Winning an award at the Edinburgh Fringe is impressive; winning three awards is outstanding! Edinburgh has thousands of shows vying for the attention of visitors during the month of August each year and ‘Spine’ won three awards this summer – a Fringe First; a Stage Award for Acting Excellence; a Herald Award. I was in for a treat!
The Soho Theatre is a major creator of new theatre, producing new plays, new work and presenting new emerging theatre companies. Clara Brennan, the writer of ‘Spine’, works as a resident writer for the theatre this year and has set up a company, FoolsCap, with the play’s producer, to craft “politically conscious new work”. This may make ‘Spine’ sound potentially heavy and hard work for non-political audience members but it is funny, witty and a piece of great theatre. Yes, it is gritty and rude and uncomfortable at times but it is always exciting, galvanising and entertaining.
‘Spine’ is a one woman monologue and Rosie Wyatt, playing the rebellious, teenage Amy, never disappoints. From the moment she enters she takes charge of the space and is mesmerising. She is sharp, witty and angry, so angry! She is angry with her parents, her friends, her boyfriend, her life and the state of the world in general. She enters a dark stage, a small space, and around her seem to be dark piles of items, maybe boxes and crates. She talks directly to the audience, telling us about her troubled life and her victorious rejection of her disgusting boyfriend and advising us, “Back up and go home ladies if he’s not feeding the pony!” Arm stretched high in the air, Wyatt makes us want to cheer. She tells us about her meetings and conversations with Glenda, an old, senile lady. Wyatt occasionally speaks as Glenda and the transition is easy and entirely believable. She tells the audience about what has led up to her meeting with Glenda and we hear about her life with her depressed mother, her out of work step-dad, their money problems (Wonga is featured), the loss of her friends and her own defiance. The line, “Maybe we are…like…life’s losers” make you want to reassure her, but if you did you’d probably get a well-deserved martial arts punch (she’s trained in that and demonstrates it vigorously). Actually she is stronger than we are and that is what Glenda recognises and admires in her. Amy rows with her family because she has stolen an ipod and that is the “biggest rule” of her family – don’t steal. We are viewing an angry teenager within a difficult, struggling family with clear moral standards; Amy recognises that her family, “my people” are ashamed of her. We are re-evaluating our ideas about a girl we might run from, if confronted in the streets. Glenda helps us and helps Amy to admire her own strength and violence in the face of such turmoil.
Amy spends more and more time at Glenda’s and there she learns the value of books, education and anger. Glenda is not trying to calm her but to fan the flames of her fury – “You’re a people person. Be more angry!” Glenda sees Amy as the future; she wants her to put her passion into politics, to fight for the future where “you lot are safe again.” This is just the start of a really thought-provoking play. Wyatt, and Brennan’s sensitively written script, ensure that we love Amy who has exposed every inch of herself to us. We share her emotions and see her development from a lost, angry teenager to a rebellious, angry young adult.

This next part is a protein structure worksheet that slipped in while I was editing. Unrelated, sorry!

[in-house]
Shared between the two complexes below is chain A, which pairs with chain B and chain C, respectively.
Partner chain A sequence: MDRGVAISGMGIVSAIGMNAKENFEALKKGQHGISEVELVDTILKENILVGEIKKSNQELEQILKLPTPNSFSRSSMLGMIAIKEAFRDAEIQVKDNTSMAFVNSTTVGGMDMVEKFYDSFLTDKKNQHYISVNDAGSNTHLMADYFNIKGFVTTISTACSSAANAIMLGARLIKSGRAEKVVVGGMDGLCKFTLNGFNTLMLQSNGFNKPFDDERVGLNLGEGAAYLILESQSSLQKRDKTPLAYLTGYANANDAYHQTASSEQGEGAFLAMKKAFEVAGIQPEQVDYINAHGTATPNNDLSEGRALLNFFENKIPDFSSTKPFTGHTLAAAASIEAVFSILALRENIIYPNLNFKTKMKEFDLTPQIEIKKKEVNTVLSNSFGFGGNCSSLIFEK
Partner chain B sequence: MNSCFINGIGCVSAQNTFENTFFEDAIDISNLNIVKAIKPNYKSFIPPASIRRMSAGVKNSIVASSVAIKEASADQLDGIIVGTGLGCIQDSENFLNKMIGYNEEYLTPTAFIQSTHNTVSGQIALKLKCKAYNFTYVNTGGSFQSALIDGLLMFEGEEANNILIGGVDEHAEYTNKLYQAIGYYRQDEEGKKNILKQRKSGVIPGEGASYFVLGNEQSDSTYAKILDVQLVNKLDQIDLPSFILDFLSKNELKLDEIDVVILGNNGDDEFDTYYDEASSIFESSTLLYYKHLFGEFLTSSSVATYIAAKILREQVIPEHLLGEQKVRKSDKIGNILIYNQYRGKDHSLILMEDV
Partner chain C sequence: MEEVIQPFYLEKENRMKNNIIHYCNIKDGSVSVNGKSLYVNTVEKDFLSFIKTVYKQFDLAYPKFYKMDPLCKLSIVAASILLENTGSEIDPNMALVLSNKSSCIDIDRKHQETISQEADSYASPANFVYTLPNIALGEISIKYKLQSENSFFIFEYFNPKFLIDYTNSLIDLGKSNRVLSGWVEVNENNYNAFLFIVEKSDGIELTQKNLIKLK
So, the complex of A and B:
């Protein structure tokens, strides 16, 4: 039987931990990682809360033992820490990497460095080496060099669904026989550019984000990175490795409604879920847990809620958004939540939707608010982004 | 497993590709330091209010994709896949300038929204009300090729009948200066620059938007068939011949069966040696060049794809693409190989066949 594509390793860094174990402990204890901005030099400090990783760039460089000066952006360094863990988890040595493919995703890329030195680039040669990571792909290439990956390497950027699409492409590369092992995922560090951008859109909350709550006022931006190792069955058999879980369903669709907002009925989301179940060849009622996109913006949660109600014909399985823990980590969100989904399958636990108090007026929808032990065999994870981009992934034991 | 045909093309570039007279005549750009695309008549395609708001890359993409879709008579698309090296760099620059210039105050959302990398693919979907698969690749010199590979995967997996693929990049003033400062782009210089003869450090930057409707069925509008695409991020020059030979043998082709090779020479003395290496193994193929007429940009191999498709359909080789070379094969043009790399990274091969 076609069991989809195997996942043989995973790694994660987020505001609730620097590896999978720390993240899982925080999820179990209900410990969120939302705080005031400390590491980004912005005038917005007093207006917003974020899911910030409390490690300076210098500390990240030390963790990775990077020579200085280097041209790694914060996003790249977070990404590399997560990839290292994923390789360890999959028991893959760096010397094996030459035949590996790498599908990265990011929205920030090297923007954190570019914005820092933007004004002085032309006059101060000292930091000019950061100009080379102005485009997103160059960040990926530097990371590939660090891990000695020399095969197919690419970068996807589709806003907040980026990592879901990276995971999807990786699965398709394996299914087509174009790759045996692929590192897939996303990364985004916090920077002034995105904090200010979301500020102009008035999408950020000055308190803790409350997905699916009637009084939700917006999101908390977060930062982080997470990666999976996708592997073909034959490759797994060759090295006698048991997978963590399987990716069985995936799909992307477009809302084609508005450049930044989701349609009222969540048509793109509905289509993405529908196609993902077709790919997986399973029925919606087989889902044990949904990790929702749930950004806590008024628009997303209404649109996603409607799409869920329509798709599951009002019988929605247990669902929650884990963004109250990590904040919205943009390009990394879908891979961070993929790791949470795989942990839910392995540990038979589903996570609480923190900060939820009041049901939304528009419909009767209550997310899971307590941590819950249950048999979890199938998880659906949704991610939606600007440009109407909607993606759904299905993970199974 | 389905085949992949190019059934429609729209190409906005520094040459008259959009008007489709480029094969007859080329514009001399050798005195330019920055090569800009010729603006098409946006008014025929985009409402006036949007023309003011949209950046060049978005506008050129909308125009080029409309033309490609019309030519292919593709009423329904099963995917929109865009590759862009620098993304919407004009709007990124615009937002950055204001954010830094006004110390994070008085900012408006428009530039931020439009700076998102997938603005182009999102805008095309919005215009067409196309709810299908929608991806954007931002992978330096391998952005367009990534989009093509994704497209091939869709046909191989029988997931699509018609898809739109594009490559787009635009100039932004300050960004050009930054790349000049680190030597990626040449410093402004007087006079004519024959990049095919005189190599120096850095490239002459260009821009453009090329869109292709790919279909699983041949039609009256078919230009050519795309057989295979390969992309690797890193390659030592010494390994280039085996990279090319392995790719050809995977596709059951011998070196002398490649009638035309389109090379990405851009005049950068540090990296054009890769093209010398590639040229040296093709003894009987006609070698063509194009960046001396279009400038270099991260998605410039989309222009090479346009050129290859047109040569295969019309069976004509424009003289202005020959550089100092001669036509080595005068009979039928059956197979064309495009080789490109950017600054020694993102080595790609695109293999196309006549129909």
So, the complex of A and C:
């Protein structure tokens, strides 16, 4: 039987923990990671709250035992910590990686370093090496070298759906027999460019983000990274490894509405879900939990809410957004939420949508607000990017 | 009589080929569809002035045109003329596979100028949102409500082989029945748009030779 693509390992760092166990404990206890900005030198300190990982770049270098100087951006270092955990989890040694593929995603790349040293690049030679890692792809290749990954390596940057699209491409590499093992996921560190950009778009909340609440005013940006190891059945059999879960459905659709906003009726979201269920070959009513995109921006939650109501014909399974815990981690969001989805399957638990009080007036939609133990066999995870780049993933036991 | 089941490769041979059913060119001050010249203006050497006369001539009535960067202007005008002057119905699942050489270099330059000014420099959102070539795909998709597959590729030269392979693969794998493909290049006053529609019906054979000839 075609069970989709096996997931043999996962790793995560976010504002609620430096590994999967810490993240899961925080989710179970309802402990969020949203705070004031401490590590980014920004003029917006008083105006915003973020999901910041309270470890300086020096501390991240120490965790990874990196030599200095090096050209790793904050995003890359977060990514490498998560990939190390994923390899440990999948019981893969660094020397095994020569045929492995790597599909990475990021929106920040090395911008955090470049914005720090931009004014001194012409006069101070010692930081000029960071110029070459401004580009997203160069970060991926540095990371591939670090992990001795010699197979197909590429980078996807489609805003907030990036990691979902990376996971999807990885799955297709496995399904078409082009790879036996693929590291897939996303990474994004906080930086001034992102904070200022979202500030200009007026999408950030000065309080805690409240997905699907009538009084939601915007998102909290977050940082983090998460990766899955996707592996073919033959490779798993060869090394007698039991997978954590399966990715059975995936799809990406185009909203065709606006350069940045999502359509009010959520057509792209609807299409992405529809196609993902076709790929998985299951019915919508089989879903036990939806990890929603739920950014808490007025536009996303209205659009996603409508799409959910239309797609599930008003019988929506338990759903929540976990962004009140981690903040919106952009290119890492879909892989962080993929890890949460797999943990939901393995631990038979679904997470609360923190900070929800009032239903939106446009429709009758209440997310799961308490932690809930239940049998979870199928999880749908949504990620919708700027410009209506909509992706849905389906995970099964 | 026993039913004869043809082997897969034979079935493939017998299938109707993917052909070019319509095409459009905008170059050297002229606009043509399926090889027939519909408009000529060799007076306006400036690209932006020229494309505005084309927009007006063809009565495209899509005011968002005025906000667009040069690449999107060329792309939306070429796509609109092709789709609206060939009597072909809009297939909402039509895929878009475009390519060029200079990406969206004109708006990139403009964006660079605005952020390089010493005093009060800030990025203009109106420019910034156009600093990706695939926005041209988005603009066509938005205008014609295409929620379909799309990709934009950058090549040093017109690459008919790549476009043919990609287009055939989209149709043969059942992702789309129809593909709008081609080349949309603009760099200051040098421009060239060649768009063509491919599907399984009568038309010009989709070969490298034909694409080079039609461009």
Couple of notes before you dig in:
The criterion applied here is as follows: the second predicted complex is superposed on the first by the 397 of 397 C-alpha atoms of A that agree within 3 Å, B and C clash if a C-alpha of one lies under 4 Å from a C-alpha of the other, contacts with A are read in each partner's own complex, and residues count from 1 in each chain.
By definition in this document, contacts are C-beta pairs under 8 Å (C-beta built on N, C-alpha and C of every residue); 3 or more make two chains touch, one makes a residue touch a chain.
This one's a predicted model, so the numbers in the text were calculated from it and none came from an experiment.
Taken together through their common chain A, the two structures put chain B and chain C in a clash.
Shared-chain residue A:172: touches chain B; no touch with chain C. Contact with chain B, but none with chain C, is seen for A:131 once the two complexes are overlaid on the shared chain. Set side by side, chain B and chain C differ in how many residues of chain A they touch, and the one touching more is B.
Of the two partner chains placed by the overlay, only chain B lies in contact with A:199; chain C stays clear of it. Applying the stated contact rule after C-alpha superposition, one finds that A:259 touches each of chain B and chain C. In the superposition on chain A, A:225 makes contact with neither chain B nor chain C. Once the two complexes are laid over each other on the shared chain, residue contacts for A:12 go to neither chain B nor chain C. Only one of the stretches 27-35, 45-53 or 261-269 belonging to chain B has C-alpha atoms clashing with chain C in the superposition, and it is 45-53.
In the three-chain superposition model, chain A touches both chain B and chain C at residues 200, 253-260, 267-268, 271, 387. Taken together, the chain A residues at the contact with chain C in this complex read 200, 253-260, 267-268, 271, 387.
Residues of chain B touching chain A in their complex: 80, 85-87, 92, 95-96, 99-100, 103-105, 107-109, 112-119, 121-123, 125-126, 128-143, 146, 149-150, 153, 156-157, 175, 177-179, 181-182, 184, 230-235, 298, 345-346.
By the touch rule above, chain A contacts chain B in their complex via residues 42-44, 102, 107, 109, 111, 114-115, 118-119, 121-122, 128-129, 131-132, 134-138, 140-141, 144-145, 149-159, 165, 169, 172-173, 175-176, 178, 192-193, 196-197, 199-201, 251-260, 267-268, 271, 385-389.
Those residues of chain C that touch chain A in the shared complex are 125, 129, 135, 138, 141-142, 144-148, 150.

As this gem of a play progresses the dim lighting rises and we see that the piles of crates and boxes are in fact books, stolen from closing libraries and stored lovingly by Glenda. I wondered whether this discovery that what had seemed worthless was actually valuable, as books were “free knowledge, bare trust, means to revolution”, perhaps symbolised Amy herself and, with Glenda’s help, I recognised Amy’s value to the world and the future.
The Soho Theatre Upstairs is a small space with seating for 100. It feels like an Edinburgh Fringe venue and suits the intimate feel of the piece. Rosie Wyatt’s performance is a tour de force. The truth of her character and her words was moving and inspiring. Her wonderfully lyrical moment, describing what is upstairs, in the attic, made us feel, like her, “proud of my epic storytelling.” Brennan’s writing is sharp, focused and fierce. I wanted to read the script and there are few productions that make me feel this. Bethany Pitts’ direction was, as always, pitch perfect. Her direction of ‘Dark Vanilla Sky’ at the Edinburgh Fringe 2013 was one of my all-time favourites and this monologue will join it. I believe it is this amalgamation of strong writer, director, producer (Francesca Moody) and actor that make this such a sharp, funny, angry piece of theatre and one that we need in 21st century Britain. It certainly made me re-evaluate my ideas on the need to quieten our young people; we must trust them and believe that “We’re gonna be alright.” Go and see this show. It needs to be seen and discussed and recognised. This is innovative and thought-provoking theatre at its best.
Review by Valerie Cochrane
From fast-rising Channel 4 Playwright Clara Brennan, comes a hilarious, pan-generational and heartbreaking call to arms for our modern age.
Spine charts the explosive friendship between a ferocious, wise-cracking teenager and an elderly East End widow. Mischievous activist pensioner Glenda is hell-bent on leaving a political legacy and saving Amy from the Tory scrapheap because ‘there’s nothing more terrifying than a teenager with something to say’.
In this era of damaging coalition cuts and disillusionment, has politics forgotten people? Can we really take the power back? Amy is about to be forced to find out.
Tue 21 Oct – Sun 2 Nov, 7.15pm. Matinees: Sat 2.30pm, Sun 5.30pm
Soho Theatre Upstairs
WINNER: FRINGE FIRST AWARD 2014
WINNER: THE STAGE AWARD FOR ACTING EXCELLENCE 2014
WINNER: HERALD ANGEL AWARD 2014
Thursday 23rd October 2014